As I have long stated, there is a regime of austerity by stealth at Rangers. You save a million by not renewing the TUPE contracts, then spend it on five players and free transfers, with anything left on its way to Level 5 to ensure that everything Mark Warburton says is spun into a positive. If we are to believe informed speculation, and my calculations, the austerity has now axed the under 20 team. Of course rather than admit that we cannot afford to develop our talented youngsters, our future’s life blood, Mr Warburton, whose U-20 team are in eighth position, spins the lie that he no longer wishes to participate in this league.

As Mr Warburton runs a thin austere squad, or if you prefer he’s keeping them hungry on short contracts, the wheels are beginning to come off. Martyn Waghorn has been pressed into action while carrying an injury. The free flowing, high tempo, high scoring team has become one where getting the job done is all that counts. With eleven games to go we should limp over the line. Hibs are playing the best football in our division at this time. While we find ourselves in the meaningless Petrofac final, they are competing for real honours in The League Cup final. However they are so inconsistent away from home that they will continue to drop points against the seven fodder teams in The Championship. For this reason I posit that they will be playing Falkirk  home and away for the right to play against one of Kilmarnock/Dundee Utd/Motherwell. Their biggest problem of these four teams is Falkirk.Over two legs they are capable of beating Hibs and Rangers. Mr Warburton is fully aware of this. Automatic promotion must be achieved as another season in this division is untenable. Next season all players will be incentivized to avoid demotion with a £25,000 bonus. Of course with an Indian Giver like King, they had to give up one month’s holiday pay in perpetuity for this one-off bonus.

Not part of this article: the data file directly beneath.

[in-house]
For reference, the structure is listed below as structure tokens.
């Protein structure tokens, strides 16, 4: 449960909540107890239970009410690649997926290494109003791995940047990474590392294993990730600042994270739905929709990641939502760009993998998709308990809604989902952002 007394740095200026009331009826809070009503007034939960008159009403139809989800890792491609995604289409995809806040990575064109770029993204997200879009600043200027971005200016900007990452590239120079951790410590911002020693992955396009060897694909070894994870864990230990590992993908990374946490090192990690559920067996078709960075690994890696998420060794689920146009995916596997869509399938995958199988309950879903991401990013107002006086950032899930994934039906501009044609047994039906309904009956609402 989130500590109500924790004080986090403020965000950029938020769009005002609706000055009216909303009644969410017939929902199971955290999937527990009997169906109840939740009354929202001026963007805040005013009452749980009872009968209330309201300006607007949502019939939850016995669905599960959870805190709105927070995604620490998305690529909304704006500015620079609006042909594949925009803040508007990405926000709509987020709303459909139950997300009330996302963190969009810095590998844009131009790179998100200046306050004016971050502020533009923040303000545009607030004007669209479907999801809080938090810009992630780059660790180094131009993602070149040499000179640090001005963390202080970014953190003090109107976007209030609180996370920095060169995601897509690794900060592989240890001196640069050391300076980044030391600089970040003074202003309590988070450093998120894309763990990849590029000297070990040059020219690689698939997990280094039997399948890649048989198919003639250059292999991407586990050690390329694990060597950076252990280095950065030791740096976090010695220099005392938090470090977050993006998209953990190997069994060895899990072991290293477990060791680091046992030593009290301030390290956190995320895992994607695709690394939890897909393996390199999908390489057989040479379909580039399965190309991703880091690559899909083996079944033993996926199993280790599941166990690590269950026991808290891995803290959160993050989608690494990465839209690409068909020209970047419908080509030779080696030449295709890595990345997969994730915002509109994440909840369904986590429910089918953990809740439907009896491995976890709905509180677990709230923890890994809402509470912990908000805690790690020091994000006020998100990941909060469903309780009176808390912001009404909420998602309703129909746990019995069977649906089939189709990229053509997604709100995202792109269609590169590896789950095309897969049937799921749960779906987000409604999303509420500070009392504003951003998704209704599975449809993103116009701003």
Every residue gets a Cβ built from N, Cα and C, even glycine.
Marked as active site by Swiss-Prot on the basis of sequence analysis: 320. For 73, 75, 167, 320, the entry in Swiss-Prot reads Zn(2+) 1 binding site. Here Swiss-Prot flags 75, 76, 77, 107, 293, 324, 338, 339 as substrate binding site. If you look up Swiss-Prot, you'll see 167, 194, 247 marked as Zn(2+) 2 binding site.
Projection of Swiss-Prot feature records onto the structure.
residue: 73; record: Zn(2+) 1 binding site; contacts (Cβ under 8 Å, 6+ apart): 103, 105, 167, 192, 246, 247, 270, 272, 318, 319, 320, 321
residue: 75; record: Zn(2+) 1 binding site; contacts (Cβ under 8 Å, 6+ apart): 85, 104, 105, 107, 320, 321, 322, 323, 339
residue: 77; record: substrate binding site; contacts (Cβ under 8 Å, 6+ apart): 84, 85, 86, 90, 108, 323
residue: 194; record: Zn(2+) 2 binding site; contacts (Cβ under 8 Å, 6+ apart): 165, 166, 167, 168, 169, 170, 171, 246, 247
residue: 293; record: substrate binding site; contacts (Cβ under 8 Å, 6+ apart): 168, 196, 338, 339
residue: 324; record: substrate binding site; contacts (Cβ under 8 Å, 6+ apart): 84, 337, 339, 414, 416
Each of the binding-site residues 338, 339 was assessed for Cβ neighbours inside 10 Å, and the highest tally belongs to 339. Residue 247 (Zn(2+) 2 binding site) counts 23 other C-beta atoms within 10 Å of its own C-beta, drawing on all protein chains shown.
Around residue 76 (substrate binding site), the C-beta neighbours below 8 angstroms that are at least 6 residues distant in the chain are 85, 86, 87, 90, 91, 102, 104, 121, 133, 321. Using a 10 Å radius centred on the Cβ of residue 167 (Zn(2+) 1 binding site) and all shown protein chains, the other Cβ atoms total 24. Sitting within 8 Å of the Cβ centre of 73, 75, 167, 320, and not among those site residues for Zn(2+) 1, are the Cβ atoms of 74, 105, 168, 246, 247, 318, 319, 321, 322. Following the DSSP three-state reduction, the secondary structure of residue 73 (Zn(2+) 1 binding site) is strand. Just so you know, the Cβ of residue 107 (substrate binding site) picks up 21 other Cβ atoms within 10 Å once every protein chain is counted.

Now that King has real skin in the game, and there is no listing, his only option is to sell his equity to a private buyer. But in the short term, he desperately needs the RF CIC money and for Chris Graham to join his three ringers on the Rangers First CIC board. To smooth the path for King’s RST/Rangers First CIC marriage of convenience, all talk of loans has been proscribed until after RST have agreed to merge. Rangers First, who at one time had over fifteen thousand contributors, have lost a half of their direct debits. Those prepared to pay £500 to register, and £18.72 per month, are walking away, leaving their sizeable deposit behind. King is projecting north of £3m per annum from this source. They have delivered £1.5m to date.